* Jane’s Parents In The Aftermath – When you go through something as traumatic as Jane does, people in your life aren’t going to understand. They can’t even begin to try to understand because it just takes something so intimate from you. How do you even come back to ‘real life’ after something like this? Her parents are kind and patient with her when she returns but eventually, her mom can’t understand why Jane doesn’t want to therapy and why she does certain things. I just wanted to yell at her because Jane’s so clearly still dealing with the aftermath so deeply, let her have her ‘odd’ habits. I didn’t see anything that was destructive to her that she was doing. I know she wanted Jane back the way she was but that couldn’t happen. The trauma is deep and it will require work. Jane does get help eventually but I still wished her parents wouldn’t place her old expectations on her.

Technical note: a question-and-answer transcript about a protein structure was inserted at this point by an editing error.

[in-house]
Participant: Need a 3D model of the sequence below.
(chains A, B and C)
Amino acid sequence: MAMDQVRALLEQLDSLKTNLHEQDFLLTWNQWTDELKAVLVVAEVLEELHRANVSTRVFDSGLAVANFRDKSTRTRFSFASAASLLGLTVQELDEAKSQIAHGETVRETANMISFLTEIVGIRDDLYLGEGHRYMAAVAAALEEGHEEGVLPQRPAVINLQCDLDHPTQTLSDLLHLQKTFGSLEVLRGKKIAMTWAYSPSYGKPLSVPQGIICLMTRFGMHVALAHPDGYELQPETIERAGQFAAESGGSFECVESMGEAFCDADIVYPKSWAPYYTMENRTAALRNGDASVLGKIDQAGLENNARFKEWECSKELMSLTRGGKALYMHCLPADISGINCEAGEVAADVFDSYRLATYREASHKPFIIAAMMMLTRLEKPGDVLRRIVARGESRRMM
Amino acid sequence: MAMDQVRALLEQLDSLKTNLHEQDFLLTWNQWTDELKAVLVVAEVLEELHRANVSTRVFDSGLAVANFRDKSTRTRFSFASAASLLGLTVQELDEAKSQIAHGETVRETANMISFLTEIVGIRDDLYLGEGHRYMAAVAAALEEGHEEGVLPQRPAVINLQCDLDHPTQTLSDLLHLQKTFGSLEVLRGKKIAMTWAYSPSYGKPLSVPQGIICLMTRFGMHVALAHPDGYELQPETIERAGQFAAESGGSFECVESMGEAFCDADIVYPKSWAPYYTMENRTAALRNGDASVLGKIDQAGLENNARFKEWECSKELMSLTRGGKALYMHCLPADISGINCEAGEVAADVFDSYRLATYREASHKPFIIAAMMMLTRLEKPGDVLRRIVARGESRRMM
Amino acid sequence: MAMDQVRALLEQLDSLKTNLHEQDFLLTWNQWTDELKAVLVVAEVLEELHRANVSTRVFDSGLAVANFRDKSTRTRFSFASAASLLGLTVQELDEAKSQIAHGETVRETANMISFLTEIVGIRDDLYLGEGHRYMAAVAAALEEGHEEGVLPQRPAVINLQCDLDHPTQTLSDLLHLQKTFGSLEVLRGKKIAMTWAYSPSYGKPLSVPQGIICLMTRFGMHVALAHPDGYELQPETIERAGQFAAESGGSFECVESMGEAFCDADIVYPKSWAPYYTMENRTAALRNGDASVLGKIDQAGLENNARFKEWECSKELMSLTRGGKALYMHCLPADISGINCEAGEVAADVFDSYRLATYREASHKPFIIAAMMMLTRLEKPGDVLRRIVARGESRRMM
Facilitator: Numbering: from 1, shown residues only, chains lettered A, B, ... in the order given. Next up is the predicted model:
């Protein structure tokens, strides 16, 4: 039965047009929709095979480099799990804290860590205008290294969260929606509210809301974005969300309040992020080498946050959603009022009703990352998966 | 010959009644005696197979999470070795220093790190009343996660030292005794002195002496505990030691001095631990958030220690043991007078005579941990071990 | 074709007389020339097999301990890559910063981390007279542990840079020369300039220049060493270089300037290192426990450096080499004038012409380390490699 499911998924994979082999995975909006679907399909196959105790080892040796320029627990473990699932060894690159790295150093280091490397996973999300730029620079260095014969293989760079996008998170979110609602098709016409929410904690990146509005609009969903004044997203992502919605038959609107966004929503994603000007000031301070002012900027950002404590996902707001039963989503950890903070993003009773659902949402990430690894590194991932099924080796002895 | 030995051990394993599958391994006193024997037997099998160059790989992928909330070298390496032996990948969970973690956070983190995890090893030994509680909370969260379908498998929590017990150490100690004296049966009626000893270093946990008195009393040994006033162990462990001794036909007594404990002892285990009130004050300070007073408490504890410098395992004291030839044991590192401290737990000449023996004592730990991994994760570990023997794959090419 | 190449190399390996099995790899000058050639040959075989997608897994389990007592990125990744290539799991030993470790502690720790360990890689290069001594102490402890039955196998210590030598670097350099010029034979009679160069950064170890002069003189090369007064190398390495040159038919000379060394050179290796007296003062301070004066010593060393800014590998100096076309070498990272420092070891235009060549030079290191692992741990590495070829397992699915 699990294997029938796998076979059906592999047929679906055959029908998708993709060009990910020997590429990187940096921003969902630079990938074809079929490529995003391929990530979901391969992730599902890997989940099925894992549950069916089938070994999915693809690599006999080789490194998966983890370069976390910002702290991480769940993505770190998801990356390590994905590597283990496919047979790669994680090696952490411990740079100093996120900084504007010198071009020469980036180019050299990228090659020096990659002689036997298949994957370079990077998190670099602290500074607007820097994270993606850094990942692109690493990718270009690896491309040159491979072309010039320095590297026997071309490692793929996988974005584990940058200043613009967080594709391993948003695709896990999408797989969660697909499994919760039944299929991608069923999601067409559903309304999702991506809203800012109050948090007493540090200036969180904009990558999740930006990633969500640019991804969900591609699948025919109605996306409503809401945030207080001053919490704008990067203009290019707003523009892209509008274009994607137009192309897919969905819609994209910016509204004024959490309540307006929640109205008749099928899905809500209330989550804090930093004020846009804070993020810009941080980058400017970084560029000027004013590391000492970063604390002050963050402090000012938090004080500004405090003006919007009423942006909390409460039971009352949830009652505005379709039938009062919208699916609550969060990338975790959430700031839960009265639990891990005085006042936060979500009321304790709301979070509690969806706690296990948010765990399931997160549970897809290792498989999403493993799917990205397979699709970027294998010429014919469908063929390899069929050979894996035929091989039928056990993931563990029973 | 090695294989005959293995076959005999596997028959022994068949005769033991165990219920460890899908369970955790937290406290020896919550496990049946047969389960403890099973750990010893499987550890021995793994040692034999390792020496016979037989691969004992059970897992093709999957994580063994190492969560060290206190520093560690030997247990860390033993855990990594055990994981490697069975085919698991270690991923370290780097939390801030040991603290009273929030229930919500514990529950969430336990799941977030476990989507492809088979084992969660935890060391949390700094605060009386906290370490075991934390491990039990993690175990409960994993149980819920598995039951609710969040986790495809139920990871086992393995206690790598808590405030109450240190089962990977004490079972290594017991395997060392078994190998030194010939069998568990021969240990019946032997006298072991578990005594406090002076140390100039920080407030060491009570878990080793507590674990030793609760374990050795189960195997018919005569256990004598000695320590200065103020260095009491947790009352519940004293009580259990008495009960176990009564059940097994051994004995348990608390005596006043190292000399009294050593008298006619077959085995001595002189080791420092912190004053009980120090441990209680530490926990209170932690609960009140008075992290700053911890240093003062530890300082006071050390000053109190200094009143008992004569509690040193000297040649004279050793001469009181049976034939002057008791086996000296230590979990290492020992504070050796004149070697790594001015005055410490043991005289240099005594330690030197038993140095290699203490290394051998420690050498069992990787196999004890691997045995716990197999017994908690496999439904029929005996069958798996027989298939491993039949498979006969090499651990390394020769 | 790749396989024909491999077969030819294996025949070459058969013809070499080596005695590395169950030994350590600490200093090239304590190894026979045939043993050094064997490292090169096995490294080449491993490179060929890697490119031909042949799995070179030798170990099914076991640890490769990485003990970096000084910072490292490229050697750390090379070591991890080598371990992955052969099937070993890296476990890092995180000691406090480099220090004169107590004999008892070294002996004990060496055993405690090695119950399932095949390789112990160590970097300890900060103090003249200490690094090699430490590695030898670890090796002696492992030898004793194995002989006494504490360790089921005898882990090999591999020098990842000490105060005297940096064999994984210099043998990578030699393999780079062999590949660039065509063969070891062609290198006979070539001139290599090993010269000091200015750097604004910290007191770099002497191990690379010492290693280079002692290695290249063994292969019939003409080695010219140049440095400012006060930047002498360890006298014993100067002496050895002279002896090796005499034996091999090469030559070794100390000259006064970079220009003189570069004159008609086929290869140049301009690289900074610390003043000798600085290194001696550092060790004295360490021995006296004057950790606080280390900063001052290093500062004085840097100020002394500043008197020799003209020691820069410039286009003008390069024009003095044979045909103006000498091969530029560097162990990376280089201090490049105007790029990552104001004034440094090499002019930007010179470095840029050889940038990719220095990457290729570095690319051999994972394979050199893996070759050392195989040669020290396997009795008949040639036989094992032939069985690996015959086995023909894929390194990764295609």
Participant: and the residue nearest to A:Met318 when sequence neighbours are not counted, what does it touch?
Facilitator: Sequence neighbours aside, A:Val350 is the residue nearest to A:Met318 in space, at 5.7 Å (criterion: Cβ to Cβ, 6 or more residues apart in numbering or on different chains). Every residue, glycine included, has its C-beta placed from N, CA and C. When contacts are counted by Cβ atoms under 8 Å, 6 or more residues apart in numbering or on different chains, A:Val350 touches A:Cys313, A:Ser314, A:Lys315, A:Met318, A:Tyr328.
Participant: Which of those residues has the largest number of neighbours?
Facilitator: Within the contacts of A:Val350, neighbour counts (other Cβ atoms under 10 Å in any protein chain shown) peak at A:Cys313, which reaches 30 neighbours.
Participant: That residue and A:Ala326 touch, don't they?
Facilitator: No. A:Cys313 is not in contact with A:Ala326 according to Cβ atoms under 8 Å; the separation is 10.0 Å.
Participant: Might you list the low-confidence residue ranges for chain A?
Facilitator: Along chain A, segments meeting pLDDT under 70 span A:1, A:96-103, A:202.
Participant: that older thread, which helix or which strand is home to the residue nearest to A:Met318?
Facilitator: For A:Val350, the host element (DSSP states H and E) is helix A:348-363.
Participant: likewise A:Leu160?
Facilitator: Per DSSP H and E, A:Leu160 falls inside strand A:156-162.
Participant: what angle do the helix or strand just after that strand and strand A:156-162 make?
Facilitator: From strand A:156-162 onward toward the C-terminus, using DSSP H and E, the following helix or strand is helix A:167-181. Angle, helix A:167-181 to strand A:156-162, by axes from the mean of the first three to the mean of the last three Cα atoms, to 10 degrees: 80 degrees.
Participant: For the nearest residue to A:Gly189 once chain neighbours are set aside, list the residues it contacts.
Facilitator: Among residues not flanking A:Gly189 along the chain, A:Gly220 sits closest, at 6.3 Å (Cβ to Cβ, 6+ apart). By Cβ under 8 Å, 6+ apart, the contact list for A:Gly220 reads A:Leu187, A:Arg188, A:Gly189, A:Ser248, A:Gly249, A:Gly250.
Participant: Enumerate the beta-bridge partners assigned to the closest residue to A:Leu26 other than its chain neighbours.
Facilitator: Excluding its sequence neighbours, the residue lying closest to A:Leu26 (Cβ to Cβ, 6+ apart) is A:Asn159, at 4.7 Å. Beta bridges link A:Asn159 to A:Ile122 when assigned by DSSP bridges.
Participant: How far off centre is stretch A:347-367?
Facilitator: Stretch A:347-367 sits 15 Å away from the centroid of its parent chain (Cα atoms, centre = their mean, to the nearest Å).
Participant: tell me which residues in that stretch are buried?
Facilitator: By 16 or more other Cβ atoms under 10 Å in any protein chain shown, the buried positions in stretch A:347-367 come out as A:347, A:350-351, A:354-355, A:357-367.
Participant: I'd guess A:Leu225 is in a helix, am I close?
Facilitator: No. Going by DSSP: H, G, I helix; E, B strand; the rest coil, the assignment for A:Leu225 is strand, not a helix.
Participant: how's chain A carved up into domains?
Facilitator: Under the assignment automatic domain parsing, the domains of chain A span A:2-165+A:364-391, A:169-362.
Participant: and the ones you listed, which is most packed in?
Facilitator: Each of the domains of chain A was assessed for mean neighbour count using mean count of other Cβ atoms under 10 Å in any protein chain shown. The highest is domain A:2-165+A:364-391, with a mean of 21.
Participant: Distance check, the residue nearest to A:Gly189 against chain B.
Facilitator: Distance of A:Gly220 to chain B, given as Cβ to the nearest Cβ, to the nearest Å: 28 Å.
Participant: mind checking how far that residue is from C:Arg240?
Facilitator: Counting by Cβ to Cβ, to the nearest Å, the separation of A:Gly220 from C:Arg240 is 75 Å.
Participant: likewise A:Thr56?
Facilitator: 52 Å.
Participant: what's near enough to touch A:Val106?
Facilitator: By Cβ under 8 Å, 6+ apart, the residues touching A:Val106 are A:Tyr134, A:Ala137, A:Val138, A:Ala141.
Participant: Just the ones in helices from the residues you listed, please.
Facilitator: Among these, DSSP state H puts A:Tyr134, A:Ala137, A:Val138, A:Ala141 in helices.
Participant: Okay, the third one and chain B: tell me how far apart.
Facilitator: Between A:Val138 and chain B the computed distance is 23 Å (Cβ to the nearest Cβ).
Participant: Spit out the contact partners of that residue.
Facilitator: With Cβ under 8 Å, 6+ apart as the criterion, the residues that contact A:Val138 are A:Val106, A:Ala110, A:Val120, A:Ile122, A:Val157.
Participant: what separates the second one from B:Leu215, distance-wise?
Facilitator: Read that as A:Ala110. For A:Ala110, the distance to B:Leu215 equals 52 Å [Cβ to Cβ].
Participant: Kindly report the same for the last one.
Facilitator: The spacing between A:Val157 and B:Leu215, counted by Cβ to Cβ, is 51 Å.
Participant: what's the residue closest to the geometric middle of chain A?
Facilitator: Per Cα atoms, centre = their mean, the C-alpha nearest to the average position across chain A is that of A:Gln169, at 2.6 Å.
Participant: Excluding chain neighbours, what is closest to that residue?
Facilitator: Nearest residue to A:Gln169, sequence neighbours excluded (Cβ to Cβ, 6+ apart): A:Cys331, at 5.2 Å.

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—.:* Quick recap!
☆ This book is about a reminisce from a girl who got kidnapped and locked up for seven months.
☆ Read this book if you're a fan of YA mystery combined with a sense of memoir in it.
☆ You might want to consider it because it includes a lot of graphic scenes.

—.:* More Thoughts
Jane Anonymous was a thrilling ride from start to finish. Following the story of Jane, a seventeen years old girl who got abducted and kept by her kidnapper for seven months, we got to peek at Jane’s past during her abduction and current recovery states. Told in alternating timelines, though we knew that Jane got to escape since the very first page, it was still just as scary to witness her abduction and how everything unraveled.